1. What, no evaluation of Jex, or the cyborg's obvious similarity to both the Terminator and, mostly, Frankenstein's monster?

    Okay, I'll take a crack at it.

    First off, Jex. As the character (played brilliantly by actor Adrian Scarborough) said, it would be so easy to judge him if he was only an evil scientist or only a good and kindly physician from another world. That he was both really challenged the Doctor's moral judgment of him, especially when he (deliberately?) provoked the Time Lord to drive him to the edge of town past the makeshift barrier to face the cyborg.

    Jex was at once the arrogant scientist, the one who did his duty to his people and ended a bloody war that had already decimated half his world, and the remorseful doctor who heard the screams of his victims every time he closed his eyes and remembered the names of each and every one. In the end he chose to end the war not only for himself, but for his own creation.

    It would have been a brilliant character and an even more brilliant episode, if only Scarborough had played him a bit more consistently. His constant switching back and forth from the angry, arrogant, self-loathing war criminal to the meek, soft-spoken, humble physician just didn't sit well with me, and his provocation of the Doctor only to turn around mere moments later and revert to the guilt-ridden sympathetic character kept throwing me off. Overall it was a potentially great character but, as with everything under head writer Stephen Moffat's tenure, fell far short. And sorry, but climbing a mountain carrying the souls of everyone he's wronged just didn't feel like a compelling reason for him to fear death. Now if he had to do this for all eternity carrying everyone on his back, at night taking ten steps back for every one he took, something more horrible than just climbing a damn mountain, the element of fear would have seemed more real.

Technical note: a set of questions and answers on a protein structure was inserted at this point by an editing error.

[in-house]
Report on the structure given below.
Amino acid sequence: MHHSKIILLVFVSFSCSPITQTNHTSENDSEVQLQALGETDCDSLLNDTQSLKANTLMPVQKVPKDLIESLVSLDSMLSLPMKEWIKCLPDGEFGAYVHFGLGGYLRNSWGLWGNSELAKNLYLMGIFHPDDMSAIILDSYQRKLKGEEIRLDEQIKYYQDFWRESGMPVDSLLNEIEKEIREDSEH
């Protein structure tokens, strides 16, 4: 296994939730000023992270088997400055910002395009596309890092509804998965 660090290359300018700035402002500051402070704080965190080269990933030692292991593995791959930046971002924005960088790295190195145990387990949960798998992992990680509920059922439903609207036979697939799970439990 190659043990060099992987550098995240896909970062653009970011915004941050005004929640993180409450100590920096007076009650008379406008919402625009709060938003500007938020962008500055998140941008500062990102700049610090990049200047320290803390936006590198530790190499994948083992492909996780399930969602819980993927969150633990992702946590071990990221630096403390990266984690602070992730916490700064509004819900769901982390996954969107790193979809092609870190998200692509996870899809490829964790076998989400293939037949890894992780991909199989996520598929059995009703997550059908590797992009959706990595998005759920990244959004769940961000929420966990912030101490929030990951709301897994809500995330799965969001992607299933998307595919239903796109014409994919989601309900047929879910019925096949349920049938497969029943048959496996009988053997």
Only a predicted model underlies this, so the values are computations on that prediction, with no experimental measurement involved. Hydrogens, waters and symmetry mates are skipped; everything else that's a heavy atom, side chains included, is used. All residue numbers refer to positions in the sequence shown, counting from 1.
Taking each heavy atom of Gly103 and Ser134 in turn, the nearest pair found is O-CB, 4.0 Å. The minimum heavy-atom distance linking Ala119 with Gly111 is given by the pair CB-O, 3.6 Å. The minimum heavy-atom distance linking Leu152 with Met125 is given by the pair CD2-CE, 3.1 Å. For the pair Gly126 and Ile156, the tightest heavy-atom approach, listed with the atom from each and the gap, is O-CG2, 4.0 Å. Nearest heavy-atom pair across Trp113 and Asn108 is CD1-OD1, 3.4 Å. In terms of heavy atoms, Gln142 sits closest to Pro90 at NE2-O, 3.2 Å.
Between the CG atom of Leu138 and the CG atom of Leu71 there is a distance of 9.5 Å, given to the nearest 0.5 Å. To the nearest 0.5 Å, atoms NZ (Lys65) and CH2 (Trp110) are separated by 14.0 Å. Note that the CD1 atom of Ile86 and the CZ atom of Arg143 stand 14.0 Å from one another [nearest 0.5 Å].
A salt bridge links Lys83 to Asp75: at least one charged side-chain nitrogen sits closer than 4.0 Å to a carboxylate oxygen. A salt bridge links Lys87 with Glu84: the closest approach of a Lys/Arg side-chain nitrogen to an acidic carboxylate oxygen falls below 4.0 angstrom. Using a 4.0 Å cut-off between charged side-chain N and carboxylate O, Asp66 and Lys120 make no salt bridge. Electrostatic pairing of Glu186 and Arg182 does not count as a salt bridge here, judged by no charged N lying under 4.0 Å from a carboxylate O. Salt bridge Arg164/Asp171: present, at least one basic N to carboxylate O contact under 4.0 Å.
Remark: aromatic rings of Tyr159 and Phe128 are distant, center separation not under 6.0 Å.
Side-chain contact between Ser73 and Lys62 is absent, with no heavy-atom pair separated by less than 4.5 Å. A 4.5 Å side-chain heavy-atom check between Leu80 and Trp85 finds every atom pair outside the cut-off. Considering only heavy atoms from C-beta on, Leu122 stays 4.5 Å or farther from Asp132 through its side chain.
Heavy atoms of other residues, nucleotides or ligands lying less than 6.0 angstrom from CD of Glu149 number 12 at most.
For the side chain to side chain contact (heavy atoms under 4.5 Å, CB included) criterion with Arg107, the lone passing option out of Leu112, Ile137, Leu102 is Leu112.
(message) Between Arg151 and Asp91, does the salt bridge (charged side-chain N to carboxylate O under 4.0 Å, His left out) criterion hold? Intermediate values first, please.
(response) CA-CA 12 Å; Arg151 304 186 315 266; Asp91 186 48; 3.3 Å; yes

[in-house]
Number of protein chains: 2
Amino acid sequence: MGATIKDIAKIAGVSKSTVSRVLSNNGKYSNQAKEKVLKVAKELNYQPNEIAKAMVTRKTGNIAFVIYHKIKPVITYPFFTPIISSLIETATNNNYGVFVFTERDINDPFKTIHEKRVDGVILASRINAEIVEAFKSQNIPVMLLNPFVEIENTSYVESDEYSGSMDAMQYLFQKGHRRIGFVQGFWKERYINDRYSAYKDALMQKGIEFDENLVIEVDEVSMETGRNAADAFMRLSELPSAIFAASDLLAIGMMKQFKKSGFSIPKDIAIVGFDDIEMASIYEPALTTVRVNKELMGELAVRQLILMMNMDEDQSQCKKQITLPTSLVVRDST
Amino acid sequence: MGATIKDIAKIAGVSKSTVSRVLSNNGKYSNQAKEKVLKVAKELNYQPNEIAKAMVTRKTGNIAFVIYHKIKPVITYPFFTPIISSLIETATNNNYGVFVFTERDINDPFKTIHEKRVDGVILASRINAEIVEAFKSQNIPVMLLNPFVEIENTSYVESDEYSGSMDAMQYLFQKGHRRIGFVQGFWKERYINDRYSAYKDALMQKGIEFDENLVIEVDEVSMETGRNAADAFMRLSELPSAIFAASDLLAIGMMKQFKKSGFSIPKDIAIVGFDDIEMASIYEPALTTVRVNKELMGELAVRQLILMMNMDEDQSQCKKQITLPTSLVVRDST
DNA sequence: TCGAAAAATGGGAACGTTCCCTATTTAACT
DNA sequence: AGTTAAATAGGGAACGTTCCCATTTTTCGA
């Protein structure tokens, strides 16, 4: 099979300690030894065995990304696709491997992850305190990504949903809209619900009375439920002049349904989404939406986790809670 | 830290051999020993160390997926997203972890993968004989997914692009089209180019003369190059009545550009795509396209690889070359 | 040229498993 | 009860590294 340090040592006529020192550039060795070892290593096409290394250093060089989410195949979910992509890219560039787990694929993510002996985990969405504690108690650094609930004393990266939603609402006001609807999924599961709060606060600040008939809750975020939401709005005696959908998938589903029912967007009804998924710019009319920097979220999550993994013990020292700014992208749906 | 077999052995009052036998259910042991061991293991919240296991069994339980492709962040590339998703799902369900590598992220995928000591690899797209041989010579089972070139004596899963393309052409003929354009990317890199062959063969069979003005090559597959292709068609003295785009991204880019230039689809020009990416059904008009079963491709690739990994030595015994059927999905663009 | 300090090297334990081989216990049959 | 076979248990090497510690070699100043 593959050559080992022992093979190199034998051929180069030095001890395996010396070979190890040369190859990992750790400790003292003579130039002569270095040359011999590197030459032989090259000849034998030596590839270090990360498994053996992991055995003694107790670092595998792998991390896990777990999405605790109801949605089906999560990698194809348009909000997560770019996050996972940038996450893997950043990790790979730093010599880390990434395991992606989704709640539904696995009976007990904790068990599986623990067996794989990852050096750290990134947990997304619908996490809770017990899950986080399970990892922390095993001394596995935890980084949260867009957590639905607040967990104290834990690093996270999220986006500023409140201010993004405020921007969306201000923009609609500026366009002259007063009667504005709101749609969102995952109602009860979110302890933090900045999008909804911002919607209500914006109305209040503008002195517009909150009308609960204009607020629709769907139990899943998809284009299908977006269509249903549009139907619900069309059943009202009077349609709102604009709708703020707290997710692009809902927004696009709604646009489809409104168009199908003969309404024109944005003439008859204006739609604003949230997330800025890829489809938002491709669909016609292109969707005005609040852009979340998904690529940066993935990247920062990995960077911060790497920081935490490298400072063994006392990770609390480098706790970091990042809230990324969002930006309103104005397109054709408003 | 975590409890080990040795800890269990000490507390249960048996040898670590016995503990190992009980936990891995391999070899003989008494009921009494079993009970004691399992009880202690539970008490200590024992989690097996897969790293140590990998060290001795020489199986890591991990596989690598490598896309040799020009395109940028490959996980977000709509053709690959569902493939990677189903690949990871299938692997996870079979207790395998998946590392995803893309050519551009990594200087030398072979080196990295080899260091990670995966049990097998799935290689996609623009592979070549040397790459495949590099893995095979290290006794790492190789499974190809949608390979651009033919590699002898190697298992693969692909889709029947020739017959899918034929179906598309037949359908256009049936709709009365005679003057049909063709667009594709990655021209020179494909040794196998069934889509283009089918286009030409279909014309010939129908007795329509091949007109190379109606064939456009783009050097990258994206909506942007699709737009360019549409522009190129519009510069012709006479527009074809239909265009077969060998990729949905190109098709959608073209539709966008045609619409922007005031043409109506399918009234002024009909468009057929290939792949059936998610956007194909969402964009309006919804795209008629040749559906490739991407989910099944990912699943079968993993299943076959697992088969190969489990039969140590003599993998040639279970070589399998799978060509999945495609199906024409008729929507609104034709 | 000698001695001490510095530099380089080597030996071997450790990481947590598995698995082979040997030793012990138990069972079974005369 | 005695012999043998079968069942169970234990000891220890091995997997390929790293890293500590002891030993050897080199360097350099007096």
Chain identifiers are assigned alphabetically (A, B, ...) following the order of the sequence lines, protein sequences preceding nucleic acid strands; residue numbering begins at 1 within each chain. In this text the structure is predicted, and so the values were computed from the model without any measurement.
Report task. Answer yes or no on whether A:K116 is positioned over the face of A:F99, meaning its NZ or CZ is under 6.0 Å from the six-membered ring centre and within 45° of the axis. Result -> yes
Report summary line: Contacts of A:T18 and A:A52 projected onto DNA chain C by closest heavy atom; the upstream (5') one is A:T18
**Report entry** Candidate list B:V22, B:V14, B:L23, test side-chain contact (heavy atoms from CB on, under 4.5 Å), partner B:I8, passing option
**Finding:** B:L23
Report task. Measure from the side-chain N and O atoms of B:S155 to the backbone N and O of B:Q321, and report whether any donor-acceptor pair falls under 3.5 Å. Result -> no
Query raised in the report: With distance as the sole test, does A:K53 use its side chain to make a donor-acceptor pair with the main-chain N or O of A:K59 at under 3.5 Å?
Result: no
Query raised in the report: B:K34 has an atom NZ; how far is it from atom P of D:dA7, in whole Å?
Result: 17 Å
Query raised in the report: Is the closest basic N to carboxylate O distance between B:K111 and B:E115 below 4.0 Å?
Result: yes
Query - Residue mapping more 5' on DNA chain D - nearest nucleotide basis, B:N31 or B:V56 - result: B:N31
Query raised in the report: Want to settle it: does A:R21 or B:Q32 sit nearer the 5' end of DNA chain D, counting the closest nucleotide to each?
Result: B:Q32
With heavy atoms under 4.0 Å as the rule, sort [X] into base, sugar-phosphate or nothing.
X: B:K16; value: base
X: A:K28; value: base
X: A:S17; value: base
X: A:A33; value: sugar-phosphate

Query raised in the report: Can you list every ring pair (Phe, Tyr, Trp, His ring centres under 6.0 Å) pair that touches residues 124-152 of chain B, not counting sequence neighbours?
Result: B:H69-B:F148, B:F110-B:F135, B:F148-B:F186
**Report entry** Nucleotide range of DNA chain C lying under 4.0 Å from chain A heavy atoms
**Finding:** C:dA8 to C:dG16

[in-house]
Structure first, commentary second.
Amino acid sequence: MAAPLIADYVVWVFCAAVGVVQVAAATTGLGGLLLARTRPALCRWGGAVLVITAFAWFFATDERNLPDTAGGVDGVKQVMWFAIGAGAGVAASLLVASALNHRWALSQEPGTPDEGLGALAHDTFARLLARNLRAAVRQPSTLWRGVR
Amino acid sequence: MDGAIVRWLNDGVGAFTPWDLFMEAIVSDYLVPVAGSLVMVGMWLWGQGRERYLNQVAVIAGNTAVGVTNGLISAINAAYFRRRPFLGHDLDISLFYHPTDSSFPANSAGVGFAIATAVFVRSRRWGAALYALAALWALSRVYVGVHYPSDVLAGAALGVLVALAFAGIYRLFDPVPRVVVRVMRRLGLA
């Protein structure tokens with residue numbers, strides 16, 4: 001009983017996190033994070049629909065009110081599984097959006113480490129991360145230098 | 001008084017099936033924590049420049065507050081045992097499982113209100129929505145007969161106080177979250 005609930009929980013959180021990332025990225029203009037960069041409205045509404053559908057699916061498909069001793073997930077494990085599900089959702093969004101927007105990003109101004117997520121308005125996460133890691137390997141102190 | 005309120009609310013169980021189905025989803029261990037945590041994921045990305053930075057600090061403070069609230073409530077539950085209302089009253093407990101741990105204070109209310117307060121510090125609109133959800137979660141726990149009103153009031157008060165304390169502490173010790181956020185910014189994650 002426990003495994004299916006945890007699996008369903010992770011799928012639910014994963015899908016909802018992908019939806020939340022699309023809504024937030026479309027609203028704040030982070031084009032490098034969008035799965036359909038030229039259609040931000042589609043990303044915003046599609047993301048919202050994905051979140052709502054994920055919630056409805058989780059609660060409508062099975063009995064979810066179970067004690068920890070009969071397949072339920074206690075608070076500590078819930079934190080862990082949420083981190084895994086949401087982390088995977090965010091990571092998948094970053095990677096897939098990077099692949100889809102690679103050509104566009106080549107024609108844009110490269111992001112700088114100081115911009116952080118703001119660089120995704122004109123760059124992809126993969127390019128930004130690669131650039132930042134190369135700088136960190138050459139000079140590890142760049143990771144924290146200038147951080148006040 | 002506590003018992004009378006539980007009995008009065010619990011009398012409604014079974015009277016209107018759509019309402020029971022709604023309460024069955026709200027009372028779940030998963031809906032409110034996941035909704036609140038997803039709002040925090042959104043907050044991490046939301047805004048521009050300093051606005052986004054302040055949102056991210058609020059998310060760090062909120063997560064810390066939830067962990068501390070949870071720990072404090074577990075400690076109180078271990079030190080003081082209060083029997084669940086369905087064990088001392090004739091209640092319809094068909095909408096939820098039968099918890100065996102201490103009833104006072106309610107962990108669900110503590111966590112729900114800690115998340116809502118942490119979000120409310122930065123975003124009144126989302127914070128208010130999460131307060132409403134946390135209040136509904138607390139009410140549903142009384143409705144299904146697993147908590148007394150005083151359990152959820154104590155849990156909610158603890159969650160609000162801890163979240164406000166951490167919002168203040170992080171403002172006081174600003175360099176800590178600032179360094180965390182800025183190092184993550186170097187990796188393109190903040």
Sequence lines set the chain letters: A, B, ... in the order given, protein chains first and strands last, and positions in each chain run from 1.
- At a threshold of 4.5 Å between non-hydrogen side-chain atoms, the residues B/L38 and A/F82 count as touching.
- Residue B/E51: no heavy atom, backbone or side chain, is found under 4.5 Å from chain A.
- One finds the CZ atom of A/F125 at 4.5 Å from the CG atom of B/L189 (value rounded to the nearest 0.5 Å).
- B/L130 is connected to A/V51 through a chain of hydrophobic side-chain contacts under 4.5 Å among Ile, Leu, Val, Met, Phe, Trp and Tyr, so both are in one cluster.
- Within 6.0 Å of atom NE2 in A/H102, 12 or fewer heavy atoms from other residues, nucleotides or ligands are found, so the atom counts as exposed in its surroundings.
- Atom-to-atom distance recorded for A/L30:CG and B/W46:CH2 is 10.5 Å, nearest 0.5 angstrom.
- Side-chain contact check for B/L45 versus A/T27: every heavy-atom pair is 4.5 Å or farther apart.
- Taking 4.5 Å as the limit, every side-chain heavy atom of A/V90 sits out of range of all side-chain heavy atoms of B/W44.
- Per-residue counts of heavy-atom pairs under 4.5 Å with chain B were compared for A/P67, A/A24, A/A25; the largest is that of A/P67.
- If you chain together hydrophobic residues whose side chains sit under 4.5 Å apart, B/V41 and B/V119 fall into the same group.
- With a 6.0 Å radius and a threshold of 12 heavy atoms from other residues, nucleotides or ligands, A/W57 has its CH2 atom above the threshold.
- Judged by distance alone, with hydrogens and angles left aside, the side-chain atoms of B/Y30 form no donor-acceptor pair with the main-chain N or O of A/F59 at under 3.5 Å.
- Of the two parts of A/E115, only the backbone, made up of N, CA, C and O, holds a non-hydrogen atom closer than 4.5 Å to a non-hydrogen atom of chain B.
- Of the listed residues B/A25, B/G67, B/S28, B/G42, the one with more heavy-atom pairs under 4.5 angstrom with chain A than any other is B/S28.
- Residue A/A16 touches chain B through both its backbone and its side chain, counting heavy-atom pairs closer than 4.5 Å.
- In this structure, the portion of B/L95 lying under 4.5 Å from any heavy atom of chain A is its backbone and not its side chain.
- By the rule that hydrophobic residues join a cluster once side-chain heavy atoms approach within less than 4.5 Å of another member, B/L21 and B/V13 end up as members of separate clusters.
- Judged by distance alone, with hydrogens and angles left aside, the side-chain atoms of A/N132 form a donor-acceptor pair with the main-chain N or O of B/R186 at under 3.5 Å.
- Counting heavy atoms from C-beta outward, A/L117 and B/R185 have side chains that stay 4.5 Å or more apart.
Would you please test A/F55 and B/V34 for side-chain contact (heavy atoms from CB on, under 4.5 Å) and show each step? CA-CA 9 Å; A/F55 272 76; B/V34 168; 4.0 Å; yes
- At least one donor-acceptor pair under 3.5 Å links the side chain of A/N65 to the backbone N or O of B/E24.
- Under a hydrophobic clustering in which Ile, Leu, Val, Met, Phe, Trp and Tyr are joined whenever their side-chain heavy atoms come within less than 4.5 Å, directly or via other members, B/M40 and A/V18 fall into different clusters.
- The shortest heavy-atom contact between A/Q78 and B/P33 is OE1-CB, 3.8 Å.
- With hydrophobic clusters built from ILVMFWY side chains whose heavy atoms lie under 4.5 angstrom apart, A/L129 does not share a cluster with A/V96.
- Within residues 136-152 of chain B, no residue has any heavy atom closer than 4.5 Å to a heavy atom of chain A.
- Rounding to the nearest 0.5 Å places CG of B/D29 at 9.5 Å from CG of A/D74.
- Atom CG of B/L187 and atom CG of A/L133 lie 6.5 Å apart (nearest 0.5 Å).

Then we have the monster who wasn't a monster, the big bad cyborg out for revenge against the "evil" scientists who took away his life and made him into a killer. To be honest, the actor who played him could have been good, but we don't get nearly enough closeups of him to really show the turmoil the character is supposed to be feeling. Of course, this could very well have been the limitations of the makeup applied, because more emotive expressions probably would have damaged it.

    One thing that was implied but never really expanded upon was the circuitry that caused him to supposedly run amok and kill the ones who made him: emotional-and-memory inhibitor, most likely, that kept him from remembering what was done to him. This was in my opinion a missed opportunity to really drive home the guilt Jex feels over his actions, that the inhibitor might have been viewed as a mercy to the poor souls whose minds and bodies had been so cut up and bonded to weaponry.

    This episode had a lot of potential, but again, as with everything under Moffat's tenure as head writer it just didn't live up to it.